On Instagram you posted your project, #Jamuary, where you created a new musical work every day in January. You expressed some challenges facing the fear of your work possibly being judged. How did you deal with that and conquer your fear enough to keep putting your music out there?
Let me be real clear: that fear never goes away. That’s especially true when you’re doing something meaningful. Conquering fear or resistance is an ongoing process. One of the realizations I had working on #Jamuary was that the fear of judgement is pretty selfish. In truth, the fear was “What will people think of me?” rather than “What will people think of the work?”
So I shifted my focus and changed the goal in my head to one word: Publish. I made it about creating something I could call ‘finished’ based on realistic criteria I set out. The goal was 16-32 bars of new music, everyday. I usually exceeded that goal by quite a lot. I also published those pieces on SoundCloud and YouTube. Instagram only lets you post 1 minute videos and the audio quality isn’t so great.
Now that #Jamuary is over, it’s time for the real homework. Now, it’s a matter of setting realistic criteria for taking the songs I write and publishing those. February’s been about doing that homework. My aim is to craft an EP this year and create music content for YouTube.
I learned that I’m not made for everyone and everyone isn’t made for me.
You also expressed with your #Jamuary project that at times you felt like giving up, or that it was difficult to keep up the pace–feelings most artists have struggled with. How do you motivate yourself to keep going, in your art and in life?
Participating in #Jamuary taught me several lessons. One lessons is investing my energy in projects and people that don’t give me energy back. Wielding the power of “no” is something I’m still learning.
For me, the point of giving up came from making room for too many things that were taking the joy of creating from me. More than once I had to bring myself back to my brother’s words, “Just play with it and see what you learn.”
I also had to learn to let myself off the hook. I didn’t have a perfect run in #Jamuary. I missed a day here and there, but I didn’t allow that to deter me. I had packed days that made squeezing in four hours to create, finish and package a piece unrealistic. So, I would make it up, sometimes releasing two pieces in one day.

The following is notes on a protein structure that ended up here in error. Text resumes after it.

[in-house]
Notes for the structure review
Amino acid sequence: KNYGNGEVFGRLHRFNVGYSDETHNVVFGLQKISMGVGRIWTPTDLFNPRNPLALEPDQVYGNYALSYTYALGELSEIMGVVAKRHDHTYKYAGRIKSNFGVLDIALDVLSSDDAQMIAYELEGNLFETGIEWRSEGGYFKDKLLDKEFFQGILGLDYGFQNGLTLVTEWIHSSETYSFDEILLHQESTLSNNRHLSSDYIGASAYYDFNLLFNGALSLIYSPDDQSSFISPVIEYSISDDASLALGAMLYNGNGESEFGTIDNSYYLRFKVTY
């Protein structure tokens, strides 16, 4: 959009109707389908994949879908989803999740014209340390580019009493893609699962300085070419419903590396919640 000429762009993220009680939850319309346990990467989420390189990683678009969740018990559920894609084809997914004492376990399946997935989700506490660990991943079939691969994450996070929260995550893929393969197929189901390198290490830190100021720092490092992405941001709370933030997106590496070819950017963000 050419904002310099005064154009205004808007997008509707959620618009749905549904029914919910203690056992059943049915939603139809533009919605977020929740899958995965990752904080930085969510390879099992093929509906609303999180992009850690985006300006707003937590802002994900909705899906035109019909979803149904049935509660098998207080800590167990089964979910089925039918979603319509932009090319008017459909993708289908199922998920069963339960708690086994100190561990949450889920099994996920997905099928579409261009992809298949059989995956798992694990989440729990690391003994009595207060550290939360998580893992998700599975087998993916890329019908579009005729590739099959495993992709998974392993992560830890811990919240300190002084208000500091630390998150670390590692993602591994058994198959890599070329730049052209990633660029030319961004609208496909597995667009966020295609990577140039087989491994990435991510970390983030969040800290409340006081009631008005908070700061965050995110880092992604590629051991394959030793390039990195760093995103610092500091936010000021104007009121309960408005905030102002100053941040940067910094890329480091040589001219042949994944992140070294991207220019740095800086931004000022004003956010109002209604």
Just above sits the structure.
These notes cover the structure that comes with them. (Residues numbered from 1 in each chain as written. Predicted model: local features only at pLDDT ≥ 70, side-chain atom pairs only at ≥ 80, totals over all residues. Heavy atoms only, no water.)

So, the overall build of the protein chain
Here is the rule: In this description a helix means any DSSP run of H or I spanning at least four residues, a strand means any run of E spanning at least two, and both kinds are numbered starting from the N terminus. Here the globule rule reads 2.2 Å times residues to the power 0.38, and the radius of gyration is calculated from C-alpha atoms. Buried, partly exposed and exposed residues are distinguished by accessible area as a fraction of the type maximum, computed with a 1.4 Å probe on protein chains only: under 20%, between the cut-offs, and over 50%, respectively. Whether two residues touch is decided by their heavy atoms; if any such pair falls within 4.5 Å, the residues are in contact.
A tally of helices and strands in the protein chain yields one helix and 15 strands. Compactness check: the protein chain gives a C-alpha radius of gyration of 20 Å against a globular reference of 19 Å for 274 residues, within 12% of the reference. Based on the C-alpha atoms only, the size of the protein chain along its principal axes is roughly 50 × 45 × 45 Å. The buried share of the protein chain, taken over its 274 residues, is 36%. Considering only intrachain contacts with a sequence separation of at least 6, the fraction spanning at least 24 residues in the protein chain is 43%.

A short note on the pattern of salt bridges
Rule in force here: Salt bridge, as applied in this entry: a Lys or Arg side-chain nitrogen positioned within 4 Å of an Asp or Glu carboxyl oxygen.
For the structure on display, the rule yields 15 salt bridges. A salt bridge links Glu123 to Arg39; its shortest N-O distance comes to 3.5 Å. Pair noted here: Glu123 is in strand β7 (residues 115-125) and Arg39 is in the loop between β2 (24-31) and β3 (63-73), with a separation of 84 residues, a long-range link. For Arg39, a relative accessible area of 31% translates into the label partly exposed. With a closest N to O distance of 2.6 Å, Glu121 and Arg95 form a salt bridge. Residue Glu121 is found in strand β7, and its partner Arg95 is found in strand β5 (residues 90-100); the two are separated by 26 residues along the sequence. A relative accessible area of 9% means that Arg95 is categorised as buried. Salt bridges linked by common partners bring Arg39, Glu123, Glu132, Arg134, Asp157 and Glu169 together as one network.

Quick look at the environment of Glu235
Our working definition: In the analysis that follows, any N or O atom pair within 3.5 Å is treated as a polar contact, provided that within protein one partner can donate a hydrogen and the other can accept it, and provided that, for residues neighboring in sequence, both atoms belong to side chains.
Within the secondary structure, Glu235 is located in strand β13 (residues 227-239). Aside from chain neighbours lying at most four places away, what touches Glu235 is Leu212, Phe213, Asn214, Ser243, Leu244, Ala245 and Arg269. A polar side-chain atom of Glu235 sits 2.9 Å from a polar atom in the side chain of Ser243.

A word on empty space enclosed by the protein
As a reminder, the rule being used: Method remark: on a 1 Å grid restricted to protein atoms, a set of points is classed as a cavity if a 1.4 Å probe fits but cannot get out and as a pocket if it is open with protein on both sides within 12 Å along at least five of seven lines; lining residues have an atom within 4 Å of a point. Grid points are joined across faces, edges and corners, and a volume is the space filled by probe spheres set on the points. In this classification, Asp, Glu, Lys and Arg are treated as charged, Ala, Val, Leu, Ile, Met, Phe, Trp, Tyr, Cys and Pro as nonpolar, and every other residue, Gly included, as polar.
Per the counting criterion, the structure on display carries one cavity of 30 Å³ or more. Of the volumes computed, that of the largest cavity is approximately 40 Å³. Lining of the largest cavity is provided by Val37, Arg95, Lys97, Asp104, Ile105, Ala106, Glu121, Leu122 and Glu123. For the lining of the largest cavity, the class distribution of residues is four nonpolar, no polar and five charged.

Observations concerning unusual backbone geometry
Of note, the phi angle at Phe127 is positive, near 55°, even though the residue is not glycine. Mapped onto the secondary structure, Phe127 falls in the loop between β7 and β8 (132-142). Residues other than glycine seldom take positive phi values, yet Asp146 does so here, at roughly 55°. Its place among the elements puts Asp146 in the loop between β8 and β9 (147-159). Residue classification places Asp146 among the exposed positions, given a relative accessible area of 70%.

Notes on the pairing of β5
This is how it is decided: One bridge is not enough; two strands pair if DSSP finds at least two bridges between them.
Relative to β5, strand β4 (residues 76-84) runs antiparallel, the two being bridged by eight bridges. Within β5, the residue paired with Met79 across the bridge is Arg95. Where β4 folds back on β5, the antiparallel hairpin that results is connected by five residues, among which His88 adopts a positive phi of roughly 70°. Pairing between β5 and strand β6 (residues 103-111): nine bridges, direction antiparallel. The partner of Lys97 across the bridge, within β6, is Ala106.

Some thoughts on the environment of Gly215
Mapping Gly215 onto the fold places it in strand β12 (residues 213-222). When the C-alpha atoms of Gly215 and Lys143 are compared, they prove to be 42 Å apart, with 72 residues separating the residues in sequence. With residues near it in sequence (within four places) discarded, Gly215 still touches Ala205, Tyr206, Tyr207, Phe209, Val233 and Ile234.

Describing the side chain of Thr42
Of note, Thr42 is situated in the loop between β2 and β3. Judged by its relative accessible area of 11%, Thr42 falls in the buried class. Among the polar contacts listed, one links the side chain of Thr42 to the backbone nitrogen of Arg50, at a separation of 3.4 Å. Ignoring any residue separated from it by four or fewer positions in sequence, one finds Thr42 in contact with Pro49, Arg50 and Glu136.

You’re a very authentic person who remains true to yourself. What has been one of the best lessons you’ve learned about living an authentic life?
First, thank you for that. I learned that I’m not made for everyone and everyone isn’t made for me. There are people who will outright dislike me for the shoes I wear. Forget bringing being queer into the equation.
It’s not my responsibility to make everyone like me. That’s impossible. So, instead, I focus on operating from a place of kindness and joy. When I’m upset about something, I express it diplomatically (I hope) and give people permission to filter me out of their lives. Trust, I wield the “unfollow” and “mute” buttons on social media with abandon.
What would you say to someone struggling to find their authentic self in life?
“Just play with it and see what you learn.”
For real. Humanity is bigger than the constructs society has created. It goes back to what I said about the fear of judgement. Being your authentic self isn’t only about you. It’s also about how you interact with and bring joy into other people’s lives. People deserve to know the authentic “you”. You deserve to know the authentic “you”. Stepping into that can be scary, but it’s worth it. Do something that stretches your comfort zones and enjoy the process.
To hear some of Jo Lee’s musical creations, click here and get your joy on!